"Back then Jews were still not deported but once they came to power more and more people started to realise that their time was up. Many members of my family who stayed in Egypt after we left decided to leave too. Some came to Israel in 1952, others in 1954", recalled Etti.

    Under Attack

    Those who remained hoping for a better future were soon deported. In 1956, after striking a clandestine deal to seize control over the Suez Canal, expropriated by Nasser, Israel and France launched a coordinated attack on Egypt relying on some British support.

    They failed to achieve their goal and Nasser, who remained in power despite their hopes, only became stronger fueling the masses with anti-western and anti-Israel rhetoric.

    Jewish refugees at Ma'abarot transit camp, 1950
    © CC0
    Jewish refugees at Ma'abarot transit camp, 1950

    The Jews of Egypt were also under attack. In November 1956, the country's ministry of the interior required all Jews, regardless of their citizenship, to report to the government body.

    Those who held foreign passports were asked to leave, while Egyptian citizens could choose between the option of deportation or a concentration camp. 

    Most Jews opted for the first option. All their property, estimated at roughly $2 billion, was left behind.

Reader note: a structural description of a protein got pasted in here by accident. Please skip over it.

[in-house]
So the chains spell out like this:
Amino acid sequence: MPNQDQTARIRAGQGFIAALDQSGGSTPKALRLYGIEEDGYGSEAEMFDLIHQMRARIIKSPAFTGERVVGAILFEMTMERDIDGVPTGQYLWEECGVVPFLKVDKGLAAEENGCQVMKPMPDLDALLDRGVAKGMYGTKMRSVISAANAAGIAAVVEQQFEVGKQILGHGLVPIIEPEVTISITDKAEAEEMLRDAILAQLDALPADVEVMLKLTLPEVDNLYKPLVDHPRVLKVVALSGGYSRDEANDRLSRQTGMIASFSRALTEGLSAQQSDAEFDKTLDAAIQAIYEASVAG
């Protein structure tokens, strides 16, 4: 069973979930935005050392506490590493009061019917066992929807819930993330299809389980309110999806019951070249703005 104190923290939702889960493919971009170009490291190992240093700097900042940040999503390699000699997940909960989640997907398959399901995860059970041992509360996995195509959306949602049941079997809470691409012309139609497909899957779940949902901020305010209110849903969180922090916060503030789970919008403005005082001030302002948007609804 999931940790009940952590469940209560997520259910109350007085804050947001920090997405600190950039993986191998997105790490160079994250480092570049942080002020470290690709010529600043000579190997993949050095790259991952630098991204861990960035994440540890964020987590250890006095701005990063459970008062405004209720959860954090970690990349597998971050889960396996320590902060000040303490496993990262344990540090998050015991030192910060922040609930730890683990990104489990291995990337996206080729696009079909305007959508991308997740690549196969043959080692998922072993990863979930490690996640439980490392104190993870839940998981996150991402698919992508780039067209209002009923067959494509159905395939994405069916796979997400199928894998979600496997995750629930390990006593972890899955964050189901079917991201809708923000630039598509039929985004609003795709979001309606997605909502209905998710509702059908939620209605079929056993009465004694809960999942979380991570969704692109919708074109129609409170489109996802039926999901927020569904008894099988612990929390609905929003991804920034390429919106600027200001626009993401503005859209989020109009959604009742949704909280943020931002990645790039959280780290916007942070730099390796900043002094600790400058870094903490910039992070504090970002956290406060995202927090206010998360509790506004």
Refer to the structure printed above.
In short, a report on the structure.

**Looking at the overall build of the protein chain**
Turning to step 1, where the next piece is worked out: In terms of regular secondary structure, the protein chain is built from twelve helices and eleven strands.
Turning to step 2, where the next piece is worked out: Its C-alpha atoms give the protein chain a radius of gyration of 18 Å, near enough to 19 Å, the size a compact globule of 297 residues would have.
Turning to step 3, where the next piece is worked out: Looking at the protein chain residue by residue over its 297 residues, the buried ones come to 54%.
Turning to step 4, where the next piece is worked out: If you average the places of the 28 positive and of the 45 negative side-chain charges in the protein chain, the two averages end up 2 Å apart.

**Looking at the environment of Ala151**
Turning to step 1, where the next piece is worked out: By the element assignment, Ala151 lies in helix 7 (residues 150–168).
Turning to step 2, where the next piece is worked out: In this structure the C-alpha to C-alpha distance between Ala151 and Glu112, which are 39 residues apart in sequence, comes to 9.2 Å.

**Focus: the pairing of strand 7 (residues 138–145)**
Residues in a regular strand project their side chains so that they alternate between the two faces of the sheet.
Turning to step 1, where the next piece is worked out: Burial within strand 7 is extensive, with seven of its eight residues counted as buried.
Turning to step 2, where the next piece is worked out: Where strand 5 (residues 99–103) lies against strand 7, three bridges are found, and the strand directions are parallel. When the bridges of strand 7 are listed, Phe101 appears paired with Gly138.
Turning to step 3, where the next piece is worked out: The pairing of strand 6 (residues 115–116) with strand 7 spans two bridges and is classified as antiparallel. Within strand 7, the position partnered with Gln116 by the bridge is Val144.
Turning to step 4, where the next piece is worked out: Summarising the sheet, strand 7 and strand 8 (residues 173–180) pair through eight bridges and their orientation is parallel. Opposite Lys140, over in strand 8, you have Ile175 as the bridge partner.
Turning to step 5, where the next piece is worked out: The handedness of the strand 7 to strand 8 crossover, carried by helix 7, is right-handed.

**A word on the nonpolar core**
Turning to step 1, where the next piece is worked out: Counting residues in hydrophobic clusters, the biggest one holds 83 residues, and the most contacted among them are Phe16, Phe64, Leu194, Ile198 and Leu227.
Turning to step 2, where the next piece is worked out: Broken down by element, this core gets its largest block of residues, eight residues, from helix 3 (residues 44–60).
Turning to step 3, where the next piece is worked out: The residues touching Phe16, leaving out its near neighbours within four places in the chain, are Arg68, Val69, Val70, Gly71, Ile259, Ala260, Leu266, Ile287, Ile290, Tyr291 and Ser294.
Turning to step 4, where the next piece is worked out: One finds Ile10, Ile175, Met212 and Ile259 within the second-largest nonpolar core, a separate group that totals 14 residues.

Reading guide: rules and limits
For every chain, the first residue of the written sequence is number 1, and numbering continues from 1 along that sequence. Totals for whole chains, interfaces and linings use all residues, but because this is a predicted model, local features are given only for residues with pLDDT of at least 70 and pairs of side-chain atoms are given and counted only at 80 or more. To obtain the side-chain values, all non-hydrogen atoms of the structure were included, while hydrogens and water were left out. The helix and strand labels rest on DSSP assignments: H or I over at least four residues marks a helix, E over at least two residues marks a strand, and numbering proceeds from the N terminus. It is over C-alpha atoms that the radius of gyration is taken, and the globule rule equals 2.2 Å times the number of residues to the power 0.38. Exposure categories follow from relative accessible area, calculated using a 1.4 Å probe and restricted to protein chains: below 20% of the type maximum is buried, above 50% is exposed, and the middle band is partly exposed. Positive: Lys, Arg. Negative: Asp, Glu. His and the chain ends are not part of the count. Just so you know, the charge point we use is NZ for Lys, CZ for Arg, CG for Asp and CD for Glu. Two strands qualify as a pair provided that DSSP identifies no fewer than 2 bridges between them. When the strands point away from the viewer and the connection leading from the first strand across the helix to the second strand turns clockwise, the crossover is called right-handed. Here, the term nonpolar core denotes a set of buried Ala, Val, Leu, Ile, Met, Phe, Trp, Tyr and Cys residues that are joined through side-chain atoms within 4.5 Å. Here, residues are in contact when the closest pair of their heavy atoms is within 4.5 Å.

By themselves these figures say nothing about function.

"We came to Israel with the mere basics. Thrown into a dirty transit camp, with little food, the move dealt a severe blow to my mother. For her it was difficult to get accustomed to such low standards but she did and eventually started helping other families who moved to the camp from other Middle Eastern countries".

    Etti's family has never asked for compensation for the life they left behind even though there have been attempts by Israel to demand justice for the estimated 600,000 people who fled or were expelled from the Middle East.

    One such initiative was voiced in 2006, when then-Israeli Minister of Justice Meir Shitrit conditioned the compensation of the 200,000 Palestinians who fled or were ousted from Israel during the 1948 war with an exchange for monetary reimbursement to Jewish refugees.

    His and similar attempts promoted over the years have borne no fruit.

    Jewish Immigrants from Iraq leaving Lod Airport, 1951
    © CC0
    Jewish Immigrants from Iraq leaving Lod Airport, 1951
    "While I certainly believe the Jewish people deserve to be compensated I don't look back. Thank God, we have managed to build a new home in Israel", said Etti.

    She has never gone back to Egypt, not even after the Egyptian authorities, who spent millions of dollars on the reconstruction of Jewish sites such as synagogues and cemeteries welcomed a delegation of 180 Jews who were born and raised in the country but were forced to leave in the 1950s.

    "I am curious to see how things have changed there. But I know that Egypt is no longer harbouring the glory and abundance of the past, not after what they have done to the Jewish people".
    Tags:
    refugees, Refugees, Jews, Jews, Israel
    Community standardsDiscussion